Ian Hudson, principal of Hudson Green and Associates, tells how two retired clients of his are at their wits end with debts of £123k and no expendable income...
"A couple in their mid 60s without any spare money at all came to me last week for advice. The pair have worked all their lives and are now claiming pensions.
They have no expendable income because they have car and household loans as well as a mortgage on the family home - this amounts to a debt of £123k in total.
They do have several endowments but these are worth just £76k.
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The wife works as a cleaner for a few hours a week, bringing several hundred pounds into the household. The pair are living on this money as their pensions - which bring in approximately £2,000 a month - are used to pay bills and service their debts.
They had been seriously considering selling their family home and downsizing, thereby paying off the mortgage debts to free up a significant percentage of their income.
For most of his working life the husband had an itinerant job; and their current home, which they have lived in for the last 12 years, is their first family home.
The couple's three grown up children are pleading with them not to downsize.
We have found a way out of their predicament - in the form of a 'lifetime' mortgage. Typically Aviva and LV offer this type of loan.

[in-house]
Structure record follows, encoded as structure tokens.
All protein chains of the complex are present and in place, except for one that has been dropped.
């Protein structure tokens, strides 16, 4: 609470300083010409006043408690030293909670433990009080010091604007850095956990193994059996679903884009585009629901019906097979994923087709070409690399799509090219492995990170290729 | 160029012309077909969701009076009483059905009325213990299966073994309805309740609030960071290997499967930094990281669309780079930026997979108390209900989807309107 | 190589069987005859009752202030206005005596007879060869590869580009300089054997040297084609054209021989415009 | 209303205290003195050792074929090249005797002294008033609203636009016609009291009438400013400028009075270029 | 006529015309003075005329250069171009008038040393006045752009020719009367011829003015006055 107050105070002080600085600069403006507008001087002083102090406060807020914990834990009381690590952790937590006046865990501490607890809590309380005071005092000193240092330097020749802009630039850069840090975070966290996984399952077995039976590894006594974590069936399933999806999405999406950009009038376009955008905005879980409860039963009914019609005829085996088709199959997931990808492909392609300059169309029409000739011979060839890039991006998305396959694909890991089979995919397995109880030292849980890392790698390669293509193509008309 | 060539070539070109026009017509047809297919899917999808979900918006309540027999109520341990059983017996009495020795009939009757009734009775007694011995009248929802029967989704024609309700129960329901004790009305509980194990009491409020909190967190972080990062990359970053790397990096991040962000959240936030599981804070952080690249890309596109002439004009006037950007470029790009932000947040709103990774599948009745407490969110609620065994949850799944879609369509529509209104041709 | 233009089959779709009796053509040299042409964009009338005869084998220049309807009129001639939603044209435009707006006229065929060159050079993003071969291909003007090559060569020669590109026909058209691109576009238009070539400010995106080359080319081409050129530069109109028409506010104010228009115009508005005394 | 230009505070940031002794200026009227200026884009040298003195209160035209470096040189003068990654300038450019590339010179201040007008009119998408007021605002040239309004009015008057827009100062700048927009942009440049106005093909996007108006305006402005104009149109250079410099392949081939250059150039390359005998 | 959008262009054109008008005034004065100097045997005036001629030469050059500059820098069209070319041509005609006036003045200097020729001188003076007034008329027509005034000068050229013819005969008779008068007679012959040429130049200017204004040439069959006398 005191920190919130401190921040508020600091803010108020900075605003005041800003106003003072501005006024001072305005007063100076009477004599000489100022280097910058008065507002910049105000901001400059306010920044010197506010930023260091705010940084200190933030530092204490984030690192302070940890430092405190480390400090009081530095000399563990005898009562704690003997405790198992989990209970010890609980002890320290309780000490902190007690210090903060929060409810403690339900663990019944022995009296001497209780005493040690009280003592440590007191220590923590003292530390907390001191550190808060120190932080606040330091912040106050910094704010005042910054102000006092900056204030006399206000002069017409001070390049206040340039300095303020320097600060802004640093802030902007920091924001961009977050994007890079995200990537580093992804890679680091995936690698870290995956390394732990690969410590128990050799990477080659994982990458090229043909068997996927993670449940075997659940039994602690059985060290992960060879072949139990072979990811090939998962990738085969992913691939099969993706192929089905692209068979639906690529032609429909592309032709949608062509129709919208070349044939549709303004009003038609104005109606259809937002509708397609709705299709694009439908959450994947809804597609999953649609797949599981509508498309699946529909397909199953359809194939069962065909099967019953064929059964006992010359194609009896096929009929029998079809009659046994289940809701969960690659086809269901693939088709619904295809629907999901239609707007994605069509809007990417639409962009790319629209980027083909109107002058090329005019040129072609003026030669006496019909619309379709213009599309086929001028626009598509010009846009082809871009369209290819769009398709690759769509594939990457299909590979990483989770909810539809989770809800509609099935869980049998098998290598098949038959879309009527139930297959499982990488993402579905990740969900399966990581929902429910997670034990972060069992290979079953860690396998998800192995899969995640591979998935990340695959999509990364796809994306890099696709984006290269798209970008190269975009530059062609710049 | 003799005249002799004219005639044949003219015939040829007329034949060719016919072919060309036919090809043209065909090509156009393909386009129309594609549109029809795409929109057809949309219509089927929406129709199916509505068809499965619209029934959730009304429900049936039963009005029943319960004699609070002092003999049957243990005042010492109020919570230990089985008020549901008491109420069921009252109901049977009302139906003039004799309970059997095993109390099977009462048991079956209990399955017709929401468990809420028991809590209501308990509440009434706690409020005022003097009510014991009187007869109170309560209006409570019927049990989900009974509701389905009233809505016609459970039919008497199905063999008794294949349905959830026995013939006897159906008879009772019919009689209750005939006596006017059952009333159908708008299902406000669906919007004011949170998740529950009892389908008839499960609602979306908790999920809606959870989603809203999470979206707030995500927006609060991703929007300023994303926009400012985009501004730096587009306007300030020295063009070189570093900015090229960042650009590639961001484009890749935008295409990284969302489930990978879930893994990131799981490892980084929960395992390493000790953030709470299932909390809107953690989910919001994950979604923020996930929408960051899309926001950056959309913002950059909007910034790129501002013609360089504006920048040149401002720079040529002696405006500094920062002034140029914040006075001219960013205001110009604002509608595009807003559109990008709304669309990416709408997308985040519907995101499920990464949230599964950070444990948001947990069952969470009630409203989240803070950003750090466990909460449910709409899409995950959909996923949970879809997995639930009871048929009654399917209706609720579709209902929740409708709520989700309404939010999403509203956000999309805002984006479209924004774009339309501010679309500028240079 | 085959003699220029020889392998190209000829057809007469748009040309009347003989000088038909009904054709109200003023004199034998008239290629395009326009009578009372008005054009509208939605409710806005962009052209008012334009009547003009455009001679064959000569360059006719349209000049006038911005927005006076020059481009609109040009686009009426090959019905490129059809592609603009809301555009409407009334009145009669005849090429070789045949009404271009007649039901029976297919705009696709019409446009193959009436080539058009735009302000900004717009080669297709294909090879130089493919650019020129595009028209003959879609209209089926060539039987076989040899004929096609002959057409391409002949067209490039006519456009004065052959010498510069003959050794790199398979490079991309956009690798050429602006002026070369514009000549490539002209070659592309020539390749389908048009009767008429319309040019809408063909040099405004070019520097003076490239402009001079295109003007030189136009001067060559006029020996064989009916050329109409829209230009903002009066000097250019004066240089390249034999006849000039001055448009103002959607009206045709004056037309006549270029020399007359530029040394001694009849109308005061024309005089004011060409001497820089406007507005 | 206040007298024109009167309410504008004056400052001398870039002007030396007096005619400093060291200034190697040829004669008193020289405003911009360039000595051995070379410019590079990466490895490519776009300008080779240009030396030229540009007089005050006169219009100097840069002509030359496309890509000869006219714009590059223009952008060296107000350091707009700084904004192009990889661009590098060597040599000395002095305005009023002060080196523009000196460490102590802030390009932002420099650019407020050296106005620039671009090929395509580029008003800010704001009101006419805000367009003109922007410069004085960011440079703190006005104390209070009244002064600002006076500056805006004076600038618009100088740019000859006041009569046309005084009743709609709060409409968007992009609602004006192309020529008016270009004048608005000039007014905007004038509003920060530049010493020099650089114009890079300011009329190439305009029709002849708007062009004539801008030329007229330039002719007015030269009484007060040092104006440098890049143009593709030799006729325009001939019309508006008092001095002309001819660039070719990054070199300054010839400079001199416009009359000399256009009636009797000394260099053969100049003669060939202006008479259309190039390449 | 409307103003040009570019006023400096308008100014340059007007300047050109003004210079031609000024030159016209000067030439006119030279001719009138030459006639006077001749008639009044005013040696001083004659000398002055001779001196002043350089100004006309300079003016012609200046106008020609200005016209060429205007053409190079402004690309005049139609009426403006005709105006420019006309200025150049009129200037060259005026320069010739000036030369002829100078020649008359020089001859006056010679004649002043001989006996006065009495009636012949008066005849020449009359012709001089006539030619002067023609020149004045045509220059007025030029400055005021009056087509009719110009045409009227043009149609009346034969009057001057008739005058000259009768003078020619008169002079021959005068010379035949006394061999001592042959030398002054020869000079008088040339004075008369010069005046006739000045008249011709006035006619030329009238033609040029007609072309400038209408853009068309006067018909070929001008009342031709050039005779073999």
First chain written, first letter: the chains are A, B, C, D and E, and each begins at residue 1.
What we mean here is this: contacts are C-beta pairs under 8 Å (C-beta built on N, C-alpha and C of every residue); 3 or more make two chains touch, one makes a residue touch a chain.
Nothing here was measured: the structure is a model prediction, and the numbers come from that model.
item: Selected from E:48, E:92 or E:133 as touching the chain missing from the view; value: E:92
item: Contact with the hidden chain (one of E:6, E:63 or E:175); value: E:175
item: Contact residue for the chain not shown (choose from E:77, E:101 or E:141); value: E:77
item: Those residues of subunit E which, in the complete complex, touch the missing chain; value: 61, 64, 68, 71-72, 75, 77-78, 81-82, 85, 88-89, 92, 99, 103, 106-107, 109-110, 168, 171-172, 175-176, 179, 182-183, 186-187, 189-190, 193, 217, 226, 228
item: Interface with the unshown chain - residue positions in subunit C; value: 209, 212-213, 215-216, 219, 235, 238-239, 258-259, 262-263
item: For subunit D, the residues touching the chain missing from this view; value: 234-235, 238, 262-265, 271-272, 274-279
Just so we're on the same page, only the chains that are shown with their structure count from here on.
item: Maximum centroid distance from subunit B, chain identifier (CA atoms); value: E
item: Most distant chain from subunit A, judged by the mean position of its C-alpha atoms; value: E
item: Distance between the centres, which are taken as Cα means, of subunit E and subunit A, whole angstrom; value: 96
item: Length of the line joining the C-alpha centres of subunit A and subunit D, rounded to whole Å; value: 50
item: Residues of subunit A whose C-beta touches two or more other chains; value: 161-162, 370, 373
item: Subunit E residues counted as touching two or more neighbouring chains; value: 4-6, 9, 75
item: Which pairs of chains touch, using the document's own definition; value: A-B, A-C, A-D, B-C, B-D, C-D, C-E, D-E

Taking this mortgage would allow them to spend the money they have now, and when they eventually sell their house either before or on event of their death, the relieved income loan would be paid off.
The lending criteria is based on home value and age, and as the name suggests it is for life! The lending company will have the first changeover on the mortgage.
The interest rate is higher than on a traditional mortgage, at about 6.7% This is because the bank may not get its money back for 25 years.
The key question for the couple is whether they should enjoy their wealth while they are alive or provide the children with the fruits of their labour - even though they would never see the benefits of this.
The couple are thinking about it. It is a difficult decision.
With this mortgage the couple could live comfortably instead of scraping an existence, or selling a home that is dear to them."
Appeal moved to February 2020
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